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verb[NO OBJECT]literary, archaic
Drink alcohol to excess, especially on a regular basis.intoxicated, inebriated, drunken, befuddled, incapable, tipsy, the worse for drink, under the influence, maudlinView synonyms
Mid 17th century: perhaps an alteration of obsolete top overbalance; perhaps from Dutch toppen slant or tilt a ship's yard.
- another term for stupa
From Punjabi thūp, thop barrow, mound apparently related to Sanskrit stūpa.
A small grayish slender-bodied shark, occurring chiefly in inshore waters.
- ‘These roll around until they hit the reef where the baits are and add smell to the water to help the tope home in on your baits.’
- ‘Ireland also holds a wealth of beach and rock fishing with the tope more evenly spread than on the UK mainland.’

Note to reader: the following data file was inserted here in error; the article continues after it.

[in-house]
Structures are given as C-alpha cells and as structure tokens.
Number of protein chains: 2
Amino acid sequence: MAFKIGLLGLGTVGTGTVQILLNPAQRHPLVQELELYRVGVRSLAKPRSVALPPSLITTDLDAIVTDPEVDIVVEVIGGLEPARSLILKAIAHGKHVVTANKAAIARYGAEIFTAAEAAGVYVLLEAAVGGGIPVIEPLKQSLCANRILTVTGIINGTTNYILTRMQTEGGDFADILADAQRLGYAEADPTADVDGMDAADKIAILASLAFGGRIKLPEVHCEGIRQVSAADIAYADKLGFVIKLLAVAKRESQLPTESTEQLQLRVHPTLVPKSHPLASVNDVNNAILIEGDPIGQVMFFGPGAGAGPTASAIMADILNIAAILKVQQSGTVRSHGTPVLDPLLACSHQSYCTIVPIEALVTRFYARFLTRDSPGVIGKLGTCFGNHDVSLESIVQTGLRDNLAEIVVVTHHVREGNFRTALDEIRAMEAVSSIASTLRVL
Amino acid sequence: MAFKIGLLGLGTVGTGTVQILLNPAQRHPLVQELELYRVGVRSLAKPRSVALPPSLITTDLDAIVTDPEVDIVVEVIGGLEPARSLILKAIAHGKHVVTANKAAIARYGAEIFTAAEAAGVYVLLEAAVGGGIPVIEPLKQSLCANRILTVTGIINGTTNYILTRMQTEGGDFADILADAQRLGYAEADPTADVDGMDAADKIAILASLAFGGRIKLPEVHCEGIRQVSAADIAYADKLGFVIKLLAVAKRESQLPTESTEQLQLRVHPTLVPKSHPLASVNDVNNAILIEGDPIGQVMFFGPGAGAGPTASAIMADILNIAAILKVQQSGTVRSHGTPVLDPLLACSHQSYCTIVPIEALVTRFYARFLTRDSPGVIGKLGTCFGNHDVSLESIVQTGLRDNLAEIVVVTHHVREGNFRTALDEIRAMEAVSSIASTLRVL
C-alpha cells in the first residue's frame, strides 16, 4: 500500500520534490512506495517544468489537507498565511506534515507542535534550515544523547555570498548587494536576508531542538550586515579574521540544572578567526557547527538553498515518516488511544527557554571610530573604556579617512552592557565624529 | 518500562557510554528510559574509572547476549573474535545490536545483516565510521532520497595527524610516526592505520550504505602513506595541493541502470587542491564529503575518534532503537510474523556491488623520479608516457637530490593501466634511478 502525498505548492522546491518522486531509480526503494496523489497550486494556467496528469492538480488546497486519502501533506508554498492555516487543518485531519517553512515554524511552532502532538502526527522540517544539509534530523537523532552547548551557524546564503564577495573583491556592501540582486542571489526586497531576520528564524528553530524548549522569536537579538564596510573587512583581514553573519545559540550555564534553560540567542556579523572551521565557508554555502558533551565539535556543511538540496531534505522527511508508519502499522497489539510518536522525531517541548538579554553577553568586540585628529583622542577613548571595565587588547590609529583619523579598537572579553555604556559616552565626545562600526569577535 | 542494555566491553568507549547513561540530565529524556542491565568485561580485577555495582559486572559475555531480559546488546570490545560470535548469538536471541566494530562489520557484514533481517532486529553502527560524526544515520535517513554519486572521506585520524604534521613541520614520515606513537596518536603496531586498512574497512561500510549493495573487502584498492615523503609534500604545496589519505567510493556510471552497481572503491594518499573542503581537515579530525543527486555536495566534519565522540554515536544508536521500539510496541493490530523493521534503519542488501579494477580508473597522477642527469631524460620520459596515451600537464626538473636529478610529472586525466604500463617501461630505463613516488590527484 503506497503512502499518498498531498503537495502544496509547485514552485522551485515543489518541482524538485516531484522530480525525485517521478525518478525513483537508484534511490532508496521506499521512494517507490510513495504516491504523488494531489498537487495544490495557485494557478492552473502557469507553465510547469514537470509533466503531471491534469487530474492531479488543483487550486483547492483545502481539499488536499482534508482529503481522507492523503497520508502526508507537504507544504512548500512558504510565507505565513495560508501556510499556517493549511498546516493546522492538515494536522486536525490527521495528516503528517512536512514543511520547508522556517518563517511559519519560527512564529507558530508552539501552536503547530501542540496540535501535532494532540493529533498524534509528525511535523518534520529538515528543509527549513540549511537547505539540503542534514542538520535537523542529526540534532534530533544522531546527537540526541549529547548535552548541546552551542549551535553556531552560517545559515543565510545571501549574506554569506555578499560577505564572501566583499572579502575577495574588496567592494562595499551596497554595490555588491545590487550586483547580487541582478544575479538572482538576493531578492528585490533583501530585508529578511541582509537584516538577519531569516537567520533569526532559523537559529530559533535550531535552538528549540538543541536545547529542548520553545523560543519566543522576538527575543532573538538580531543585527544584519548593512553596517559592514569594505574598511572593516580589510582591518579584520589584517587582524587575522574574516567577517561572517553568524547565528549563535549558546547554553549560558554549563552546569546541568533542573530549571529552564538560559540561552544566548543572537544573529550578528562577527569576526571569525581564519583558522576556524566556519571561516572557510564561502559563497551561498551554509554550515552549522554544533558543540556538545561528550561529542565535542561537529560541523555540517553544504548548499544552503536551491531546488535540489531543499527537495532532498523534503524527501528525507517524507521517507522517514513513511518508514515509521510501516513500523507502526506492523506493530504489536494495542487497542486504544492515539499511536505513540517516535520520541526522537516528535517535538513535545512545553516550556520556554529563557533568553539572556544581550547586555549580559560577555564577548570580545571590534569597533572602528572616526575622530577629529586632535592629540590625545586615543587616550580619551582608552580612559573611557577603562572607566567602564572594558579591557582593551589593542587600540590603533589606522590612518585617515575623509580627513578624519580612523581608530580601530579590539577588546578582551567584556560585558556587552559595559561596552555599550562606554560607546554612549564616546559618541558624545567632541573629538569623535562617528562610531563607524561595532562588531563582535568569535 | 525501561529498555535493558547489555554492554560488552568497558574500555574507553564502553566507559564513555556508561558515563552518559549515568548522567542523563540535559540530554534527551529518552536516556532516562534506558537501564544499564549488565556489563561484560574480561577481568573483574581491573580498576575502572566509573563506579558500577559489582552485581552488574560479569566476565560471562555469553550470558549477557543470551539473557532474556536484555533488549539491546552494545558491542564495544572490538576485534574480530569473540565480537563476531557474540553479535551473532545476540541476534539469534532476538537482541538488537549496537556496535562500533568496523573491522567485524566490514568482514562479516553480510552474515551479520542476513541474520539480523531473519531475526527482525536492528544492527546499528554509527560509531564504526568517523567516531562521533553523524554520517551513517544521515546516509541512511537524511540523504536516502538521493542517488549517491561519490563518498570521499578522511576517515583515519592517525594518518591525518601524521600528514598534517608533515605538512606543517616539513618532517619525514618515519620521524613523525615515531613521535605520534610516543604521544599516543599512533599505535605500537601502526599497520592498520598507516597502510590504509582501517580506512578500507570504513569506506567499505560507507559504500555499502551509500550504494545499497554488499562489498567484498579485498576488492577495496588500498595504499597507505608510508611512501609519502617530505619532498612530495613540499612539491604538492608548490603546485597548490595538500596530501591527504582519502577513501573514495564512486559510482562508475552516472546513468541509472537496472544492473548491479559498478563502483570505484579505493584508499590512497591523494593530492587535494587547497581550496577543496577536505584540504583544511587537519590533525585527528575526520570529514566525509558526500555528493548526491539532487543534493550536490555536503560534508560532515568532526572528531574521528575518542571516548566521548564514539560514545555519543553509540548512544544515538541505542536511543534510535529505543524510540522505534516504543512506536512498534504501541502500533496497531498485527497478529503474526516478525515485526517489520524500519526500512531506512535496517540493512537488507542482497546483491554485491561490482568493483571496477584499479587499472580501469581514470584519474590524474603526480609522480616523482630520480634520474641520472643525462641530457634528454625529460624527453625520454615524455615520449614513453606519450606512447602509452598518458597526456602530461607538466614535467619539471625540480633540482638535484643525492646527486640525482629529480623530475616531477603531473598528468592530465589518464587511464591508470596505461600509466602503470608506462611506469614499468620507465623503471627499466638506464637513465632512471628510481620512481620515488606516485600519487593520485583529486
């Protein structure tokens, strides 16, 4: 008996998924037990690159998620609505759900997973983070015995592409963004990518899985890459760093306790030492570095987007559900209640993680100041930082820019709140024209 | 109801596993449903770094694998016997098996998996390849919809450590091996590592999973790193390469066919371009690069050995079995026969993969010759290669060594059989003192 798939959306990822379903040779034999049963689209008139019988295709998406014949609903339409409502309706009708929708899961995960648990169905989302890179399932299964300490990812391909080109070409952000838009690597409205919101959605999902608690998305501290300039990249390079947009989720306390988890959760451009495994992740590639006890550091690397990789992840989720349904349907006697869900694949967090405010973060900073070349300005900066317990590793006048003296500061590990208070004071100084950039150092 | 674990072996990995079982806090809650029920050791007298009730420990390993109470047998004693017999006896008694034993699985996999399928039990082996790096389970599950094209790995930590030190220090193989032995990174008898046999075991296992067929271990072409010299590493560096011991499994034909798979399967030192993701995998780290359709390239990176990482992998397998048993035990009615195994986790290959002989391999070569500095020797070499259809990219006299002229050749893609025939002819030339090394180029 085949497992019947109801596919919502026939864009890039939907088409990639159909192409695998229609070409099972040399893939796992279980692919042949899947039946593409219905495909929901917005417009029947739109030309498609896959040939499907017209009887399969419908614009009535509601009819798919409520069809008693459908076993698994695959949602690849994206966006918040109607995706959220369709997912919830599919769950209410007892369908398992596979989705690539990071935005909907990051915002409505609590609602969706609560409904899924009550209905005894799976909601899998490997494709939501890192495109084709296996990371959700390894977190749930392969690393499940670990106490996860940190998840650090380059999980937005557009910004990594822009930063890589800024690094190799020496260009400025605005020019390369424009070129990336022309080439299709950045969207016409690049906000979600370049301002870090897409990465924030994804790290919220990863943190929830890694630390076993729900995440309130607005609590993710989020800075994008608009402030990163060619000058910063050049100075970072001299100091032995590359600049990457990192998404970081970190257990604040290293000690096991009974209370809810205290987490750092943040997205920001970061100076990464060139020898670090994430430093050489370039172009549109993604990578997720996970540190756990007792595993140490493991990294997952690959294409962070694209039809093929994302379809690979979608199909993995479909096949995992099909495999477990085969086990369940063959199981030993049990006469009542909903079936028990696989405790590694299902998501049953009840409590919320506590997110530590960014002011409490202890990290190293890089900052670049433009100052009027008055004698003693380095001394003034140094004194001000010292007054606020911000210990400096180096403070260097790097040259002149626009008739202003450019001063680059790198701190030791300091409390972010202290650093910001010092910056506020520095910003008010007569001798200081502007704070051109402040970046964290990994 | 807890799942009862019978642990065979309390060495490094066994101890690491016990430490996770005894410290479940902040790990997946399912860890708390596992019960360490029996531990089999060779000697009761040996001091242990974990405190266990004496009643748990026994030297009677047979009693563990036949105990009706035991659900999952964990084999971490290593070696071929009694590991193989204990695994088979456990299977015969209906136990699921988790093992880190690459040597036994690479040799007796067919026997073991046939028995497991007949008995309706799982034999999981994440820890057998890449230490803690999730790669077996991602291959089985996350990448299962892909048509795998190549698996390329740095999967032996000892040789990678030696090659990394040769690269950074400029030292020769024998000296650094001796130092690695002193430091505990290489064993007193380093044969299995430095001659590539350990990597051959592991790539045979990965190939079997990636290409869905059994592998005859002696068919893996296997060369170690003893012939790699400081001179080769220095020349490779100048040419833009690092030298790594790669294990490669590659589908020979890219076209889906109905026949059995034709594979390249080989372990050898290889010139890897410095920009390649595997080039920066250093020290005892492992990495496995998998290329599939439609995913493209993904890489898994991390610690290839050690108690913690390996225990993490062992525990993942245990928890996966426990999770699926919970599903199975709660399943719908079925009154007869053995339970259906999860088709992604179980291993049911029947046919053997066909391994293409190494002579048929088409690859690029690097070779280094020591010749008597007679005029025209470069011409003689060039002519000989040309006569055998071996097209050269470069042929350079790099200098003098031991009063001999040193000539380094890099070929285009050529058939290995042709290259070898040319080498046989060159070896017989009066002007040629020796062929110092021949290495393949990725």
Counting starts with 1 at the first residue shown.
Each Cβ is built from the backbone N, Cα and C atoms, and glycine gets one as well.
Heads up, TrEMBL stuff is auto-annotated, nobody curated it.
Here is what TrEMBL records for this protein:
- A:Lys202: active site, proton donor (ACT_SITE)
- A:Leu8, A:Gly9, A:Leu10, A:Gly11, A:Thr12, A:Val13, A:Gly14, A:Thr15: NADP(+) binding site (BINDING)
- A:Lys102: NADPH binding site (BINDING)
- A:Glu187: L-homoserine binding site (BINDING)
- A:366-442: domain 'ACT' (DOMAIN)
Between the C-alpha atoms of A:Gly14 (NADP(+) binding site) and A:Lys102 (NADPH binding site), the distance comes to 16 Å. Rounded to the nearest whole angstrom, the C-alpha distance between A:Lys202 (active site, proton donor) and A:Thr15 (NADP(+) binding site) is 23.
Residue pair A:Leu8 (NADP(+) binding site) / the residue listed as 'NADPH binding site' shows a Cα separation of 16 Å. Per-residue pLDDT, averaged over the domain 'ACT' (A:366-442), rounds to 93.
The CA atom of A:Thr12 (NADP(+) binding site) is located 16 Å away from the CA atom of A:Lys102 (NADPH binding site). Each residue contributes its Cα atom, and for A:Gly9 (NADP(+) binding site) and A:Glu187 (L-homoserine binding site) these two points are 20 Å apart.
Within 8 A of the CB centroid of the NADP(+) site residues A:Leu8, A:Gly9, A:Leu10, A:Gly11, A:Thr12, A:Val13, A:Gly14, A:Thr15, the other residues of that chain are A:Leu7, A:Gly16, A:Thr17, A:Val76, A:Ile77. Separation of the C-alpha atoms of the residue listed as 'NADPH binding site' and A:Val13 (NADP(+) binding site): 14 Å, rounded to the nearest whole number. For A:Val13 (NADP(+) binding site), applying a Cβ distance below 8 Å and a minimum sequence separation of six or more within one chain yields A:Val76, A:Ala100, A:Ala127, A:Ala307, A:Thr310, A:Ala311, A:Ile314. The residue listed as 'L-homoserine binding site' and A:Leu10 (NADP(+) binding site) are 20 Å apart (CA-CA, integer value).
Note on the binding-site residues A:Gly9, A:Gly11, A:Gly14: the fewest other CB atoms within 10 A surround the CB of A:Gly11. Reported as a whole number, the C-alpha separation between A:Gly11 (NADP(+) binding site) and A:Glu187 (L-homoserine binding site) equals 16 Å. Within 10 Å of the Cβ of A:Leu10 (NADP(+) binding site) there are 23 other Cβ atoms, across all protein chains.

- ‘The sea angling season to date has seen an improvement on last year with big catches of tope and codling reported.’
- ‘The tope shark is considered harmless to humans because of its small size and its preference for small prey items.’
- ‘The tope is closely related to the blue shark and shares many of the features of this fish.’
- ‘On the other hand, I have been invited to fly-fish for pollock and tope off the Mull of Galloway in a couple of weeks.’
- ‘None of us knew how to handle a shark or tope of this size and I feared for a serious injury if we landed it.’
- ‘What looked like a cross between a tope and a bull huss looked decidedly unhappy and I had to run over and get a glimpse of the biggest fish I had ever seen taken from the shore.’
- ‘By casting uptide anglers started to double the numbers of cod, tope and rays caught in many other areas’
- ‘Scottish waters see incoming tope from June, with peak numbers later in August, though September can be very good.’
- ‘Chunking in the vicinity of fish means blue sharks, tope and spurdogs.’
Late 17th century: perhaps of Cornish origin.
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